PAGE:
The crew continued to fire guns and hoist signals of distress. At daybreak a pilot boat put off from Dover, and nearing the Melville Castle, advised the captain to put back to Deal or Hythe, and wait for calmer weather, or, said the boatman, “all hands will assuredly be lost.” But the captain would not act on his recommendation; he thought the pilot boat exaggerated the danger, hoped the wind would abate as the day opened, and that he should avoid the demands of the Dover pilot or the Down fees by not casting anchor there. Another help the captain rejected, and bitterly did he lament it when it was too late.
No sooner had the pilot boat departed, than the commodore at Deal despatched two boats to endeavor to board the ship. The captain obstinately refused to take any notice of them, and ordered the crew to let the vessel drive before the wind. This they did, till the ship ran so close in shore, that the captain himself saw the imminent danger, and twice attempted to put her about, but in vain. On the first of the projecting jetties of Dymchurch-wall the vessel struck. I would not if I could grieve your young heart with a detail of all the horrors that ensued; the devoted ship continued to beat on the piles, the sea breaking over her with such violence, that the pumps could no longer be worked.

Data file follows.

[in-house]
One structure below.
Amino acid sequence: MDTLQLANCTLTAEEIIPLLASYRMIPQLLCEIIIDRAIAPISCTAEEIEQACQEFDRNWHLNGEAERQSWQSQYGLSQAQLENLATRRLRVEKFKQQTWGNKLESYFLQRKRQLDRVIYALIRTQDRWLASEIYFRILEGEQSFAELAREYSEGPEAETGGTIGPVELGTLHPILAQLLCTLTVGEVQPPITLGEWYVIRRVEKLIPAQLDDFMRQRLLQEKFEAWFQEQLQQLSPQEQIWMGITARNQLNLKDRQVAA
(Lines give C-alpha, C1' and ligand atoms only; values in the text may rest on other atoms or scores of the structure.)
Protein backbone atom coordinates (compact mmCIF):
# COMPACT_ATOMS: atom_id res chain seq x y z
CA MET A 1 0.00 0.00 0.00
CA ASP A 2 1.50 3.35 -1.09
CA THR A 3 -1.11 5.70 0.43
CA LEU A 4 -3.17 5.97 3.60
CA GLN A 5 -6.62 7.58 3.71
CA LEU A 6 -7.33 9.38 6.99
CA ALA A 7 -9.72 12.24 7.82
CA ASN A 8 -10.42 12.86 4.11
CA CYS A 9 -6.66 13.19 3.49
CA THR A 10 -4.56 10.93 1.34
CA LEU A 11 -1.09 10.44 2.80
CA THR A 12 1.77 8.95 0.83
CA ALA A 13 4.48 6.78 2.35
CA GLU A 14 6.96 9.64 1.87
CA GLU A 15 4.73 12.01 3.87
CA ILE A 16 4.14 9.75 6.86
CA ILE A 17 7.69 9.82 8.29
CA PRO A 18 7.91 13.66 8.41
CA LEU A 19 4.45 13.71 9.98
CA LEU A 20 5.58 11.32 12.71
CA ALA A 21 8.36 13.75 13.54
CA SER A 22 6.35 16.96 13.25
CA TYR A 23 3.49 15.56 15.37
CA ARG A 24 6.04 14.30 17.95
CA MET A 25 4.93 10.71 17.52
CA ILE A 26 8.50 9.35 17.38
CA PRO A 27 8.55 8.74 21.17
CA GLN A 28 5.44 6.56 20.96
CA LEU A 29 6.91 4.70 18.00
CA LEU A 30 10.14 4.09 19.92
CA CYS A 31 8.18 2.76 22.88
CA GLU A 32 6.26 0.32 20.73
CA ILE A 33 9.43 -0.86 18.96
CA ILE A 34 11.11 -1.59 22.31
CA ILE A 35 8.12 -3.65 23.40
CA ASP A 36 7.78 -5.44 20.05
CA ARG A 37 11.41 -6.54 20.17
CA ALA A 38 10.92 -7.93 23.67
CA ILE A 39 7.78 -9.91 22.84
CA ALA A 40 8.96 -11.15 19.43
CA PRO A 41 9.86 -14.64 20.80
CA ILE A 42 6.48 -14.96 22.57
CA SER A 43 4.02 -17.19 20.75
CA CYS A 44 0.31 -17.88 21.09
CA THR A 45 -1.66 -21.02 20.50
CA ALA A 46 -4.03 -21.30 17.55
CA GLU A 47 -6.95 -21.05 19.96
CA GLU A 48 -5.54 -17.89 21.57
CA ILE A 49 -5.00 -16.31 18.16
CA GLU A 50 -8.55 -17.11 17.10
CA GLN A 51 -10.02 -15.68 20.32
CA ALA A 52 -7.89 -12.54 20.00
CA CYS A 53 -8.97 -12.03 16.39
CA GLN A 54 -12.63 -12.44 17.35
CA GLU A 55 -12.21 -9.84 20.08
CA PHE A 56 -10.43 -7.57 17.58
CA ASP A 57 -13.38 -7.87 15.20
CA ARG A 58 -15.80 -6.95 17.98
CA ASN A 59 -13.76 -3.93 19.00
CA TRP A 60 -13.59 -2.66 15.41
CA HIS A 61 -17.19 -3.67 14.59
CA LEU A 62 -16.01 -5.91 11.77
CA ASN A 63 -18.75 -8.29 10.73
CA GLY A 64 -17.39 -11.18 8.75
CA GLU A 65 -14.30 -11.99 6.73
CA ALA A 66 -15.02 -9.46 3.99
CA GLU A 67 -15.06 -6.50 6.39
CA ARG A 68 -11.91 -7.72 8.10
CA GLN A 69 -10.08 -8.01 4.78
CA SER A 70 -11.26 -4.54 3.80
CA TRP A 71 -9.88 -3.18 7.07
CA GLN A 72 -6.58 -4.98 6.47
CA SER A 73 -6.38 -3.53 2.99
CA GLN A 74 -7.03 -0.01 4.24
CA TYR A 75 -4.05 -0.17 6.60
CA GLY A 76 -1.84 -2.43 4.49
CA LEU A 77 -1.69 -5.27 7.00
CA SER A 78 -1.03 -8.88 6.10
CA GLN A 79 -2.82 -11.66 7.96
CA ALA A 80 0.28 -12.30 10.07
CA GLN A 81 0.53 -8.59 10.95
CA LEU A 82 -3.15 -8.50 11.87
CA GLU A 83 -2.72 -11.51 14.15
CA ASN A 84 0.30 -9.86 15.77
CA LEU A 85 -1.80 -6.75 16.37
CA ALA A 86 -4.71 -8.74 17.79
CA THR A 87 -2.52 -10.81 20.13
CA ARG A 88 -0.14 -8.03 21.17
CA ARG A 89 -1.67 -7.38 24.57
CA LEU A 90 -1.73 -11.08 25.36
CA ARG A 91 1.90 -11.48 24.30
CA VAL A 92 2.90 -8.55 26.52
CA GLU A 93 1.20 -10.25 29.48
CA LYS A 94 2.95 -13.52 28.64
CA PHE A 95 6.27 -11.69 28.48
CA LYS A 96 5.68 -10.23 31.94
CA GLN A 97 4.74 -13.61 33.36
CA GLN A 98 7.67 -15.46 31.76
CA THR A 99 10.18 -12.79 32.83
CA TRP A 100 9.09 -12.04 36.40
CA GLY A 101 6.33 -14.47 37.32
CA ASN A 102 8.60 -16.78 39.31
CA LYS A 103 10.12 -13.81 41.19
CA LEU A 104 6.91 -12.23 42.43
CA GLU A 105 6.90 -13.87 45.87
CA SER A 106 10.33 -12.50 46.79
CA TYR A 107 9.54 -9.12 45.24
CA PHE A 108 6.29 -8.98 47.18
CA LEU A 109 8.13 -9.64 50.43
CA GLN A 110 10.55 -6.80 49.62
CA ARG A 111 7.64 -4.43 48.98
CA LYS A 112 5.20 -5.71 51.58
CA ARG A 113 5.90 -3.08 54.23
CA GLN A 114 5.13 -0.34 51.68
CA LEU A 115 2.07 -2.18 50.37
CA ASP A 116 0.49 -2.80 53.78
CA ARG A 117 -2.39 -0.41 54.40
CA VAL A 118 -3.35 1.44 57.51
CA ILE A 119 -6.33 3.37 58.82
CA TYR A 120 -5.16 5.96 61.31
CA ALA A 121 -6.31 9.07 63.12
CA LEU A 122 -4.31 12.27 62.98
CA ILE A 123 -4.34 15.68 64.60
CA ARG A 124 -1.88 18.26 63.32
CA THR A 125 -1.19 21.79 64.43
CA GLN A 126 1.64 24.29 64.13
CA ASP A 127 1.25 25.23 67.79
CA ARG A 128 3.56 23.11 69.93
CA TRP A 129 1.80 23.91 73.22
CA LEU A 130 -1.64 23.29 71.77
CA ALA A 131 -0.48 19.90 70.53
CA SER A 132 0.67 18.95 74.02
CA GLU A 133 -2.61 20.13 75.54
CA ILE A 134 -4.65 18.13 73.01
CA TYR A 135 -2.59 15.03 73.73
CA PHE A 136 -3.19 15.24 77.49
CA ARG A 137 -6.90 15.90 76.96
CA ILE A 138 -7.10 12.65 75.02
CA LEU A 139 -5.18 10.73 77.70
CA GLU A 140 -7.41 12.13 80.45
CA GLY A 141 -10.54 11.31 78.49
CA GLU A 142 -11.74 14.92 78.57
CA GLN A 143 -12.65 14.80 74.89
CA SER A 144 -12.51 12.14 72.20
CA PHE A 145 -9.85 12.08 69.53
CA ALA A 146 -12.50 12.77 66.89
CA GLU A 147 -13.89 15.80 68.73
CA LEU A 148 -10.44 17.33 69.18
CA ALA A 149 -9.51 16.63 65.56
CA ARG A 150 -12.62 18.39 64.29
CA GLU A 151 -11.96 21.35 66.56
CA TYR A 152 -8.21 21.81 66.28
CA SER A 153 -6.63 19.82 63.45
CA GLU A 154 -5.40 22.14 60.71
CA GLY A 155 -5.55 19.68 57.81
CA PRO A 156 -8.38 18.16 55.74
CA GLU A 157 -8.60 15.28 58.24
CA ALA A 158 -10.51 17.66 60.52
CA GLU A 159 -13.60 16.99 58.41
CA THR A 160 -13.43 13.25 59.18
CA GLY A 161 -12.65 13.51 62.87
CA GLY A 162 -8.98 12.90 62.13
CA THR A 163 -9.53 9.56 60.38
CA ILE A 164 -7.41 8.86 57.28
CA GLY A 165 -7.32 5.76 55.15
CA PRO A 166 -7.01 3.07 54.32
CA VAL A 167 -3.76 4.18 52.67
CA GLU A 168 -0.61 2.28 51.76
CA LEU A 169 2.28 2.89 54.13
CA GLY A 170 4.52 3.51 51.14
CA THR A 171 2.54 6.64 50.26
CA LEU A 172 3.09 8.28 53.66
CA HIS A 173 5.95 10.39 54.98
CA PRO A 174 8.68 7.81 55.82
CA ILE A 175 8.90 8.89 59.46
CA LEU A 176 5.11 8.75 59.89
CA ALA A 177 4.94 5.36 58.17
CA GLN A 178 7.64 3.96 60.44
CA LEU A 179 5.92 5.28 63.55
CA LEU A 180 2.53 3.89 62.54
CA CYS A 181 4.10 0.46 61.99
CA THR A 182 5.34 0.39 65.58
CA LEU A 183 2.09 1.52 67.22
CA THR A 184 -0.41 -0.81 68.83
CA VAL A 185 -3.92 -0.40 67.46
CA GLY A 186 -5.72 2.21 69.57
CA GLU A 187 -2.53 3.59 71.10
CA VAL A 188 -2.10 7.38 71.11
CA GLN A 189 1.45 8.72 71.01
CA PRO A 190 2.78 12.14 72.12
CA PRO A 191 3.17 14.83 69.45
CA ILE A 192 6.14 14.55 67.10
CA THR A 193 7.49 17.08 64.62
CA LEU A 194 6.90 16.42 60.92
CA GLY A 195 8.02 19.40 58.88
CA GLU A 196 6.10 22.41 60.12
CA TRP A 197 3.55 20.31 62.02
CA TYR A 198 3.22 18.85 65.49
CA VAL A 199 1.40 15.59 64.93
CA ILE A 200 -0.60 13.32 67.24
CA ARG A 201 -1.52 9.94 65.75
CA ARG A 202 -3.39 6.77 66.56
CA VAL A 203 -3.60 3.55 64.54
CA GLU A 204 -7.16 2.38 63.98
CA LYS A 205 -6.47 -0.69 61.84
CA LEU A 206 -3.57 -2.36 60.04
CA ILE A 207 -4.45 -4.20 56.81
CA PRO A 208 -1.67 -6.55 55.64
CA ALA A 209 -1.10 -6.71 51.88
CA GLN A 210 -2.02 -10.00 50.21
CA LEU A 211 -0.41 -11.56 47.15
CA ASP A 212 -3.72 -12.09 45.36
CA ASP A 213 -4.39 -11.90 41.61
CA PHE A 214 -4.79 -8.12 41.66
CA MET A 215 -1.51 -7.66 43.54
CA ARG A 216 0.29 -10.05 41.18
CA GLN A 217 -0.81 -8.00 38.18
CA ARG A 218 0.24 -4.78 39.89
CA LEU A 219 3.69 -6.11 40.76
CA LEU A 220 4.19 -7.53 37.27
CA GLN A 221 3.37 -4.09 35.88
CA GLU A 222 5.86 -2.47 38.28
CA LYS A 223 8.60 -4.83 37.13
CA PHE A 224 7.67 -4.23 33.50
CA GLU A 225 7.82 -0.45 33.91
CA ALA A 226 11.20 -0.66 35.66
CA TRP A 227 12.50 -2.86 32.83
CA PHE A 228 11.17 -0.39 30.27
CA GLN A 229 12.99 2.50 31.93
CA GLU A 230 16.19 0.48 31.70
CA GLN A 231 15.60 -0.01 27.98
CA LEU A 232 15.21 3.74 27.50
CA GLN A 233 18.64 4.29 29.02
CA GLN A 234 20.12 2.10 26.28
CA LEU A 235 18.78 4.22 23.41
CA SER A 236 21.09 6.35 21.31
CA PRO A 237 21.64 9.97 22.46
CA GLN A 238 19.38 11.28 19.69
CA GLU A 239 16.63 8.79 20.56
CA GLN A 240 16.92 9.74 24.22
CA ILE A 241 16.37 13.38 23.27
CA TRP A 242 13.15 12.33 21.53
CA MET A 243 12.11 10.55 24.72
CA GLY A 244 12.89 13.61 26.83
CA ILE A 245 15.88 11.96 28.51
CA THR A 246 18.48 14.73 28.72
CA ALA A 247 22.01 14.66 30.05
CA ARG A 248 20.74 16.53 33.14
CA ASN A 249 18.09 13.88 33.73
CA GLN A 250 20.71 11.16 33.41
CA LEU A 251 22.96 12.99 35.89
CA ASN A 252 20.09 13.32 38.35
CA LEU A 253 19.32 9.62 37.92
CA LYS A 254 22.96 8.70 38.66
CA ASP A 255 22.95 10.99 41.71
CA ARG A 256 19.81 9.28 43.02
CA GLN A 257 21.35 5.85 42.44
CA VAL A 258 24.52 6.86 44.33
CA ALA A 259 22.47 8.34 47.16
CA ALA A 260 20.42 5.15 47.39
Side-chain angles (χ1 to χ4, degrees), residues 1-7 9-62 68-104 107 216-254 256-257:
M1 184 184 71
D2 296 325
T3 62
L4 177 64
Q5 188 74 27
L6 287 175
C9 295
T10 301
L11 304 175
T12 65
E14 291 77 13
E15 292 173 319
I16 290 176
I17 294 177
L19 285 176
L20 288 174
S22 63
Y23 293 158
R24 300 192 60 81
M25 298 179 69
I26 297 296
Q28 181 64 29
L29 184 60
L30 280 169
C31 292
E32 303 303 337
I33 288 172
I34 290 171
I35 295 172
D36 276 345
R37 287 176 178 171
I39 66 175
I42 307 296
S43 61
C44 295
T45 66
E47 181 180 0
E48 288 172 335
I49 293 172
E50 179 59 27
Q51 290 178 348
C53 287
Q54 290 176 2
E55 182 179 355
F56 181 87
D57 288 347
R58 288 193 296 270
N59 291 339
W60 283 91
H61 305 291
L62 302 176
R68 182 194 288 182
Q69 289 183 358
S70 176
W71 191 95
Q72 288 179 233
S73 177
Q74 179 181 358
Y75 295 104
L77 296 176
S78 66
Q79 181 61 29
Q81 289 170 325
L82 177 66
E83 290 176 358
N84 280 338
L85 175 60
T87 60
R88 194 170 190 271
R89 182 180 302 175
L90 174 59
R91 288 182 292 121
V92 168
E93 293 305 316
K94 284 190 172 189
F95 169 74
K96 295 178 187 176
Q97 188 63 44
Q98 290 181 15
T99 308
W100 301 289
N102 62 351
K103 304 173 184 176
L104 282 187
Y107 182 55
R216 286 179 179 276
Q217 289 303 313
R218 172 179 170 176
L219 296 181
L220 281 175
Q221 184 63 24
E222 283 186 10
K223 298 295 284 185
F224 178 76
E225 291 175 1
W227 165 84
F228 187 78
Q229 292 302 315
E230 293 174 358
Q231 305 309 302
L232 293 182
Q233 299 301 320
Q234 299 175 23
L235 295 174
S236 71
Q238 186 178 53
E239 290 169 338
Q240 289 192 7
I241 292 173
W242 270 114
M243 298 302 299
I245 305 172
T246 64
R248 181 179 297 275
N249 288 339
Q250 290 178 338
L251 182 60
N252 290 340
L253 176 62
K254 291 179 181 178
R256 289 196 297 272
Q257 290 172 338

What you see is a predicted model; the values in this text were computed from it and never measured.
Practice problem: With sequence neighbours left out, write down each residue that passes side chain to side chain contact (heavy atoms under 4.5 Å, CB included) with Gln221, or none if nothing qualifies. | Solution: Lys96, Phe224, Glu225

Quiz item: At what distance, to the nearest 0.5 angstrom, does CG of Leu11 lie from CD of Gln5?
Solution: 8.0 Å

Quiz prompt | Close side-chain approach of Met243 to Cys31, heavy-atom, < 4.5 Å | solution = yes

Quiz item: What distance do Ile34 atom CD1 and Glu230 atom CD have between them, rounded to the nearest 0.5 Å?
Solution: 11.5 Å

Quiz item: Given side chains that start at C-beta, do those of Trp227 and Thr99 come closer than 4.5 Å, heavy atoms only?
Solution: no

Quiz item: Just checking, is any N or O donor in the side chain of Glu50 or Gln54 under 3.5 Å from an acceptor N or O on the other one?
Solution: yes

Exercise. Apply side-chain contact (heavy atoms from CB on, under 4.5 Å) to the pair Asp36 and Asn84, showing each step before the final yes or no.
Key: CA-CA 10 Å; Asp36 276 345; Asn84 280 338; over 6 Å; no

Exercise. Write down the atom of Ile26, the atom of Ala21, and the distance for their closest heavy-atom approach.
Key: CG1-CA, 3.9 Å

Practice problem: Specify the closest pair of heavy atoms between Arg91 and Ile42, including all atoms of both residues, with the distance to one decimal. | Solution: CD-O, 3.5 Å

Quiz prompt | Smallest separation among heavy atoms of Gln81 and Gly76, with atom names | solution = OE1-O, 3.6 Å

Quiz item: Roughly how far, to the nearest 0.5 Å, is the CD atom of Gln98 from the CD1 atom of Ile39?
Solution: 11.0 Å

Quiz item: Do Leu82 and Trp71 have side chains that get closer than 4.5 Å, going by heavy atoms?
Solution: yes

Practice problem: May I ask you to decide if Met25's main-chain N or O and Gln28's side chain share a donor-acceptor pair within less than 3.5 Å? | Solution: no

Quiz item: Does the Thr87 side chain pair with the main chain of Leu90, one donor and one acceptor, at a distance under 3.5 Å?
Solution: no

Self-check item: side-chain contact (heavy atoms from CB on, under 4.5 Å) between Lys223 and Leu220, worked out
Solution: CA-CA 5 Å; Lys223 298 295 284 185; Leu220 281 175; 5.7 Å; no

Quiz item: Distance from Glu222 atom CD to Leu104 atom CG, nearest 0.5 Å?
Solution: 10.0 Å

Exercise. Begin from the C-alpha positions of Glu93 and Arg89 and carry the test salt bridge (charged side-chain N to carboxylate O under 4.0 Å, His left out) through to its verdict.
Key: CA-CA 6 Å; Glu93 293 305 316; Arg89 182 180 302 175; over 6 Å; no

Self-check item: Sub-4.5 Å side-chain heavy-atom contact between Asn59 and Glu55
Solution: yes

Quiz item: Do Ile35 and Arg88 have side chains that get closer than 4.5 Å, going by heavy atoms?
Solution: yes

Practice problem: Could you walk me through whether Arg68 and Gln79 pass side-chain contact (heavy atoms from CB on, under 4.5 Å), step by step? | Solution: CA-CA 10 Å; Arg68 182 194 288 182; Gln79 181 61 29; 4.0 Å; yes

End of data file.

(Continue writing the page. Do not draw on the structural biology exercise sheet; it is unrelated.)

The foremast soon went over the ship’s side, carrying twelve seamen with it, who were swallowed up by the billows. The rudder was unshipped, the tiller tore up the gundeck, and the water rushed in at the port-holes. At this fearful moment most of the passengers and crew joined in solemn prayer to the Almighty. Morning came, but it was only to witness the demolition of the wreck.
Many were the efforts made by the sufferers, some in the jolly boat, some on a raft, others by lashing themselves to pieces of timber, hogsheads, and even hencoops, to reach the shore; but out of four hundred and seventy-two persons who a few days before had left the coast of Holland, not more than eighteen escaped the raging billows. The miserable remnant received generous attention from the inhabitants of the place, who did all in their power to aid their recovery.
[Illustration: Burning of the Kent east Indiaman.]
BURNING OF THE KENT EAST INDIAMAN.
This picture represents the burning of the Kent East Indiaman, in the Bay of Biscay. She had on board in all six hundred and forty-one persons at the time of the accident. The fire broke out in the hold during a storm. An officer on duty, finding that a spirit cask had broken loose, was taking measures to secure it, when a lurch of the ship caused him to drop his lantern, and in his eagerness to save it, he let go the cask, which suddenly stove in, and the spirits communicated with the flame, the whole place was instantly in a blaze. Hopes of subduing the fire at first were strong, but soon heavy volumes of smoke and a pitchy smell told that it had reached the cable-room.